The Straight Shot, Visionage Online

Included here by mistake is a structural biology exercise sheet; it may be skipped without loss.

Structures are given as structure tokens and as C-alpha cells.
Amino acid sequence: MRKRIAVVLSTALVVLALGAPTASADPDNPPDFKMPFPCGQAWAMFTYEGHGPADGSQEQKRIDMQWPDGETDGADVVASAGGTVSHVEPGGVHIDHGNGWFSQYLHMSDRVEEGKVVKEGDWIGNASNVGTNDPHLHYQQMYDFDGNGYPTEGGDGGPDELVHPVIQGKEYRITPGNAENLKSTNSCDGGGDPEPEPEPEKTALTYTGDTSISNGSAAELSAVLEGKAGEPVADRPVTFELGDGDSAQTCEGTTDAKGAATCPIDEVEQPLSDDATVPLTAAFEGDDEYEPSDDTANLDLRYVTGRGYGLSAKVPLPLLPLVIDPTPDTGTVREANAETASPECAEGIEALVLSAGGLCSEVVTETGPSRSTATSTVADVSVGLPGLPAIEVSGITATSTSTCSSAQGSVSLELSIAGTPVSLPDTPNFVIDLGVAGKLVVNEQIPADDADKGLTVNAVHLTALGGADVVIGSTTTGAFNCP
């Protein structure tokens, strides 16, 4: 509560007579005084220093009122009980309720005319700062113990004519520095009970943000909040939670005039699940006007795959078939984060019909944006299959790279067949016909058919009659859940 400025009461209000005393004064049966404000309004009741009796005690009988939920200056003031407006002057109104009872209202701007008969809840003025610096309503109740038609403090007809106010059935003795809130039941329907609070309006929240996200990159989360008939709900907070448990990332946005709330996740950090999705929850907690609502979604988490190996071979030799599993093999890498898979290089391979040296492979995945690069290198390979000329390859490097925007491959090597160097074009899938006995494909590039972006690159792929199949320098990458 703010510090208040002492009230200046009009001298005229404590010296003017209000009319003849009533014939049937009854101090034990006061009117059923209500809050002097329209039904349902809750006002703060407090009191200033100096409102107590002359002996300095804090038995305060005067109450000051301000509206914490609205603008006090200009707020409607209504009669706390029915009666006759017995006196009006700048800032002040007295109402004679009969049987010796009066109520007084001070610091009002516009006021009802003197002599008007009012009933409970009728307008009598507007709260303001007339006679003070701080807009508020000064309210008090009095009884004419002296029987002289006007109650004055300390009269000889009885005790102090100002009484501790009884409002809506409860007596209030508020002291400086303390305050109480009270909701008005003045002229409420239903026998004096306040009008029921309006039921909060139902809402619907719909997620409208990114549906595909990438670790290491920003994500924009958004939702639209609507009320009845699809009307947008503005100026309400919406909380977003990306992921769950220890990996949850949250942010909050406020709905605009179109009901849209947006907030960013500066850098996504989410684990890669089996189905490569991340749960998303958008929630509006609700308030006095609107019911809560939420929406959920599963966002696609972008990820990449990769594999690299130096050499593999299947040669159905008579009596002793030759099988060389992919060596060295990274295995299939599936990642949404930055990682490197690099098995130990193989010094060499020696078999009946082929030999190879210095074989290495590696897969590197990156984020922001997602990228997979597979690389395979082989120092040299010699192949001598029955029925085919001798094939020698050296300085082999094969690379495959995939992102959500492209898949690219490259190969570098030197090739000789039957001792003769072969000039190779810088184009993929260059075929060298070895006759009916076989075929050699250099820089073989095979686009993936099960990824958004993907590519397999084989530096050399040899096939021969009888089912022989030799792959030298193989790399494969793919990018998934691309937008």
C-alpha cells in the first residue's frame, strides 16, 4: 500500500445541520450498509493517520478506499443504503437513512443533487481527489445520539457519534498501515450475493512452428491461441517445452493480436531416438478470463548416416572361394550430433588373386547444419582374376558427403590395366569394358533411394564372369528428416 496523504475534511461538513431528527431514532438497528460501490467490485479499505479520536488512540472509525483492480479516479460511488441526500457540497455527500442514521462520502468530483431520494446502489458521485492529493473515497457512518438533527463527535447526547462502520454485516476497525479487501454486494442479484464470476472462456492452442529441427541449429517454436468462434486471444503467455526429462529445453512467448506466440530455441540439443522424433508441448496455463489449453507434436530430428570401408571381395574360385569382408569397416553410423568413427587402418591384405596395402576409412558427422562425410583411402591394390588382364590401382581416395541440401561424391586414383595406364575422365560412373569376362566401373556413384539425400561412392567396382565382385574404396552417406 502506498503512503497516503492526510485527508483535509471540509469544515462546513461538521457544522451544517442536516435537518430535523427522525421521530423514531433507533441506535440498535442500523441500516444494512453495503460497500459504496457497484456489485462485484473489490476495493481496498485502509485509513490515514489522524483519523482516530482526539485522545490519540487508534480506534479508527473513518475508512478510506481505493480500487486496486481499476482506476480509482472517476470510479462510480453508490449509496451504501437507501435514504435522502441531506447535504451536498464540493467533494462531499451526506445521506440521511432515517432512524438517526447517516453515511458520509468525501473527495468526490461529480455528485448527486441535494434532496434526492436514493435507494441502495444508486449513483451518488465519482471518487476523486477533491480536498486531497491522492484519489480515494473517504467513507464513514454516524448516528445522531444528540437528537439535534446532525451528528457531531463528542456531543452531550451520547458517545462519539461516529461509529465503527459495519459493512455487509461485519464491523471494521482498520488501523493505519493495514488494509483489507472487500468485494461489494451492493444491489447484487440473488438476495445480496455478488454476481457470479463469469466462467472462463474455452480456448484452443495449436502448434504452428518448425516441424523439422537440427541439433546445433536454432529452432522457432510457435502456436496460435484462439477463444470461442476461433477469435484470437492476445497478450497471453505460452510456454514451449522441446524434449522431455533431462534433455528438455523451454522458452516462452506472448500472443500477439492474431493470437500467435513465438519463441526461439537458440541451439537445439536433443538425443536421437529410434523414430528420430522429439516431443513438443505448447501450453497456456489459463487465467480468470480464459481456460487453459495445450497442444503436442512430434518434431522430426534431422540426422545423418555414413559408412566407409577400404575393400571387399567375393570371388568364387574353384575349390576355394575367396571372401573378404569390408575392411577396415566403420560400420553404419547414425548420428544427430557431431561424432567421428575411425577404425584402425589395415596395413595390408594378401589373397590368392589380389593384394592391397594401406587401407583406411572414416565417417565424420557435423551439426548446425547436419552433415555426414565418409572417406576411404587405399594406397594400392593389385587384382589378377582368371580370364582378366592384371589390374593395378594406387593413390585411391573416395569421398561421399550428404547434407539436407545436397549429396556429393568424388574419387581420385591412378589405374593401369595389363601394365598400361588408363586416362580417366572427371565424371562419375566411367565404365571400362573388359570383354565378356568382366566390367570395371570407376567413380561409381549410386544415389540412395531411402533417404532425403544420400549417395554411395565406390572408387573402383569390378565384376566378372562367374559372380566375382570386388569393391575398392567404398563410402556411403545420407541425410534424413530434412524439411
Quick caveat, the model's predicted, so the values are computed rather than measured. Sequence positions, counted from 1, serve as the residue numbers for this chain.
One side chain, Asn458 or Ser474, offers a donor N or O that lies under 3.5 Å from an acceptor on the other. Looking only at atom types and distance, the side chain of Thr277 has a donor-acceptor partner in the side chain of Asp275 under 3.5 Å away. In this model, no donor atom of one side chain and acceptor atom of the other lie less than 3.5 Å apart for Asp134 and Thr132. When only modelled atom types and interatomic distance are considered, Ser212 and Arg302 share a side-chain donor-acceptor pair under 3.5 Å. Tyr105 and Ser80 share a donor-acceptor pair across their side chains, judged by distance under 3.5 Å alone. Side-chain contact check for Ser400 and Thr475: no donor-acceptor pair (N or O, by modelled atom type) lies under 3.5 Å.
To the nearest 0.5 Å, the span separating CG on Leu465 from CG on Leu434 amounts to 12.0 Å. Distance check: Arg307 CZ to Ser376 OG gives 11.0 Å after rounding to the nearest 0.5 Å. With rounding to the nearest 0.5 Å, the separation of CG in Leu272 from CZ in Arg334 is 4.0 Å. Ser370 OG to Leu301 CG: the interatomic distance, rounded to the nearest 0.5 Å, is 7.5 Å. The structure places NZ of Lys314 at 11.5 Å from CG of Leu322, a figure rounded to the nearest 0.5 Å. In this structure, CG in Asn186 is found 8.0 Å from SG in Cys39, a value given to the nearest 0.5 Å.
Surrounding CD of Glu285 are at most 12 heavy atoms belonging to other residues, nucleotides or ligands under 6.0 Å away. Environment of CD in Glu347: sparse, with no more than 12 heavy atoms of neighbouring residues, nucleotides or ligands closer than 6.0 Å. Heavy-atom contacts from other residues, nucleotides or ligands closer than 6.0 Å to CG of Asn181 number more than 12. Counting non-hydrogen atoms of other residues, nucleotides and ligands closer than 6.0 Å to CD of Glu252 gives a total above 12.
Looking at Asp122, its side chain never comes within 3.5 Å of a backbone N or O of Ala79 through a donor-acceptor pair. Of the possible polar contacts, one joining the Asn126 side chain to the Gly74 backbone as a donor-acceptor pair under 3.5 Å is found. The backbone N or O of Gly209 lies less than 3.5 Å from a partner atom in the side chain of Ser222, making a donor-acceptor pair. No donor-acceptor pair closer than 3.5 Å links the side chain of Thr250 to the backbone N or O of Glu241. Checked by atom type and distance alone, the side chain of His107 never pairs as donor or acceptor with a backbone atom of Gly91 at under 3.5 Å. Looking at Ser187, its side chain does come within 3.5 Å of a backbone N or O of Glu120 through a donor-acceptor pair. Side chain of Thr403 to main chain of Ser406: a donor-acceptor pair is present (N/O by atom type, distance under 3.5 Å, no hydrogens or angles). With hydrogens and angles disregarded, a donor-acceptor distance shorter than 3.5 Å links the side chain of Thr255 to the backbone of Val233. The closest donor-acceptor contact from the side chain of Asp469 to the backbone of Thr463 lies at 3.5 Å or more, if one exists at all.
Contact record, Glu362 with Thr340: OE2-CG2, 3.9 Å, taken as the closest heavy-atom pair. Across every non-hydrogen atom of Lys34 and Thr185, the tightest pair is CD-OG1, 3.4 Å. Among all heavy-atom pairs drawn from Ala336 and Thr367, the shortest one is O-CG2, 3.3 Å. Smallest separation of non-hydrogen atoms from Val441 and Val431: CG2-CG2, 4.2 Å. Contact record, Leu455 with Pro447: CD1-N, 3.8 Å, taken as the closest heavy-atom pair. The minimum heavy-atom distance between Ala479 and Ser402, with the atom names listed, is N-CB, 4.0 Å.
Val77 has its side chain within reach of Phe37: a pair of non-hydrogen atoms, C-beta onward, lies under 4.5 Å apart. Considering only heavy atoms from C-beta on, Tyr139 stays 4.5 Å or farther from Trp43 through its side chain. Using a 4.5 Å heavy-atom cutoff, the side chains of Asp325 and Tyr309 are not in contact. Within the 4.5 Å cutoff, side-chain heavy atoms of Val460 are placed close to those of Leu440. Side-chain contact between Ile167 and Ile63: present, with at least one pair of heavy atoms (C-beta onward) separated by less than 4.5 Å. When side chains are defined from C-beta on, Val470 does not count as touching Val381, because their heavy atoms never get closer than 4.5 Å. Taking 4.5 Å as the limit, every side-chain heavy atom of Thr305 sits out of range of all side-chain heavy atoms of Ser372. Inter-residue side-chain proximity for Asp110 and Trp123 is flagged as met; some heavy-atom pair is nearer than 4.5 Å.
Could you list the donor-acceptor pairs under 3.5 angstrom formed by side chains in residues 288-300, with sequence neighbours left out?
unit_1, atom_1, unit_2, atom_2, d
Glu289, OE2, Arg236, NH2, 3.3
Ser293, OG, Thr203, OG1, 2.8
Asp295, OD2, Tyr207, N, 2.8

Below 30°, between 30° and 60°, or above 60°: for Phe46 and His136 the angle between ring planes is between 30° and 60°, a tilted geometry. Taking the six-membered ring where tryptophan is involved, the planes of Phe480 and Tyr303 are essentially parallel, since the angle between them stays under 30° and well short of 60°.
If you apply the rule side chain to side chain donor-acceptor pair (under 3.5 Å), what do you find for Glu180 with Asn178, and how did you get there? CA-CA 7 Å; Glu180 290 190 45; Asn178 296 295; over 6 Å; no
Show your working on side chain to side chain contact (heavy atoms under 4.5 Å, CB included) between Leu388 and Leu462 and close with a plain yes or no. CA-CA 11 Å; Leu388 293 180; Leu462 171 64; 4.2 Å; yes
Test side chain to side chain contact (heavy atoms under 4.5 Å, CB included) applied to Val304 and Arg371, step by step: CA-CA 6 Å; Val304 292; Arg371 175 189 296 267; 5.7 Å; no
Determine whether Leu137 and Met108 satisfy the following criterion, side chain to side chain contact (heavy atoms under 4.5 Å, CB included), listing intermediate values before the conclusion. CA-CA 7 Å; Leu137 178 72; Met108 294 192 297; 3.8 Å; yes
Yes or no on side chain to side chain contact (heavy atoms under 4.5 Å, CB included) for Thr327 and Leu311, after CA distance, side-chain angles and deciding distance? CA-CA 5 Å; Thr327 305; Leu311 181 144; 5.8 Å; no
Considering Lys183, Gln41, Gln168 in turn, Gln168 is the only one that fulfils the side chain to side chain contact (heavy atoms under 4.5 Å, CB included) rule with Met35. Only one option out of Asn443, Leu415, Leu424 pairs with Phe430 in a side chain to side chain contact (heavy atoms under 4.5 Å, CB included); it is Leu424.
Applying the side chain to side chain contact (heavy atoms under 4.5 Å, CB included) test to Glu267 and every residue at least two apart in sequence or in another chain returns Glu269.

By Lisa Selin Davis Timothy Greenfield-Sanders doesn’t mean to be a name-dropper – he just can’t help it. The portrait photographer sees so many famous people each week that his casual conversation is peppered with reminiscences about movie stars, politicians and art world luminaries. “I know everyone,” he admits. “I could get up in the morning and Jasper Johns would be at the breakfast table, or John Malkovich would be here for lunch, or Karen Finley would have dinner here.” “Here” is a gloriously sunny kitchen inside the remodeled East Village rectory he has lived in with his wife, Karin, since 1978. Greenfield-Sanders is on the short side, with a ring of gray-tinged fair hair and blue eyes that crinkle up when he laughs. He wears a black t-shirt, black pants and black flip- flops, and seems younger than his 53 years as he sits at his kitchen table eating Starbucks coffee ice cream, looking back on a career that has been both successful and satisfying. By now, Greenfield-Sanders is quite famous himself, thanks in part to the success of his recent book, XXX: 30 Porn-Star Portraits, and the fact that a Greenfield-Sanders portrait is a kind of rite of passage for celebrities: the soft lighting, the unobtrusive background, the famous face staring nakedly at the camera. “That look that you get when you look into a mirror and maybe adjust yourself and think, yeah, I look pretty good today: that’s what I’m aiming for,” he says. Greenfield-Sanders has also photographed thousands of non-famous people, and plenty who aren’t beautiful. What they look like doesn’t interest him; it’s what they’ve done that counts. “I like talented people,” he says. “I’m interested in people who push themselves, and that’s true with artists, that’s true with the politicians I’ve photographed, and it’s true with the adult entertainment stars who are pushing boundaries of what’s acceptable in society.” Appropriately, his own career started when he pushed himself to do something beyond his comfort zone. In the 1970s, he was studying at the American Film Institute when the school asked for someone to photograph the celebrities and film greats who were coming to speak to the class. Greenfield-Sanders volunteered – only he knew nothing about photography. “When I went to photograph Alfred Hitchcock, he said to me, ‘Why do you have your lights there? You have them in the wrong place.’ And I said, ‘I don’t know anything about lighting, I don’t know where to put the lights.’ And he said, ‘Well, come to the studio tomorrow and I’ll introduce you to [cinematographer] Sven Nykvist’ – or whoever it was.” Greenfield-Sanders grins. “He said, ‘I’ll teach you a few things.” He also learned a few tricks of the trade from none other than Bette Davis, who cursed him for shooting her from below – which often causes a subject to look a little fat or unfriendly. He became close to her, even chauffeuring her around Los Angeles for a couple of days. “We’d have Bloody Marys in 10:30 in the morning,” he remembers fondly. In fact, he became friends with many of his subjects – so much so that a reporter once told him he had a “golden rolodex” – and he quickly learned to be comfortable around famous people. By the time he moved back to New York in 1978 (he’d gone to Columbia as an undergraduate), Greenfield-Sanders had a portfolio bulging with pictures of his celebrity pals – “more great people than great pictures,” he admits – and he’d realized that he preferred the intimacy of portraiture to the chaotic film production world. He set about photographing the people in his East Village community: up-and-coming artists like Cindy Sherman and Julian Schnabel as well as abstract expressionists Willem DeKooning and Larry Rivers. He showed his portraits in galleries, and, by doing so, began to blur the line between the worlds of fine art and commercial photography. Some of the pictures he showed were commissioned by magazines, others were taken on his own time. But to Greenfield-Sanders, they were all art. “I’m really lucky because I can do whatever I want,” he says. “Being true to what I wanted to do has given me opportunities in the art world, but also in the worlds of advertising, film, editorial, fashion.” Earlier this year, portraiture and fashion came together at New York’s Fashion Week, when Greenfield-Sanders teamed up with Olympus to shoot portraits at a makeshift stage behind the scenes of the runway extravaganza. There, he shot portraits of everyone from designer Caroline Herrera to tennis star Venus Williams; People magazine printed many of the images. For Greenfield-Sanders, the experience proved very different from shooting in his studio. He was working with his digital Olympus E-1 instead of a large- format film camera, and he had only a few moments with each subject – whereas normally he takes a long time to get to know people before he shoots them. “It was a bit of a process for me to slow down that camera, which you can just shoot, shoot, shoot, shoot, shoot,” he says. But he extols the immediacy of digital photography, even if its speed occasionally overwhelms him. “We uploaded [the portraits] right away, retouching them on the spot, picking out selects to send to People…That’s a revolution, to be able to take a picture and send it immediately.” Currently, says Greenfield-Sanders, he is “batting around a few film ideas around with Christopher Walken” (he made a documentary in 1998, Lou Reed: Rock and Roll Heart) as well as working on a series of portraits of comedians. But photographing famous people has changed quite a bit since he began, he notes – not only because photography has changed, but because celebrities have. “Today you can have ten PR people keeping you from the subject, and by the time you finally meet them you’ve gotten so many weird interpretations of who they are,” he says. Taking portraits might not be quite as intimate as it once was, but Greenfield-Sanders still aims to produce work that’s open, direct and free of glitz. “It’s nicest when you get a moment with someone and there’s no one else around,” he says. “Then it’s just like the old days: just me and Bette Davis.”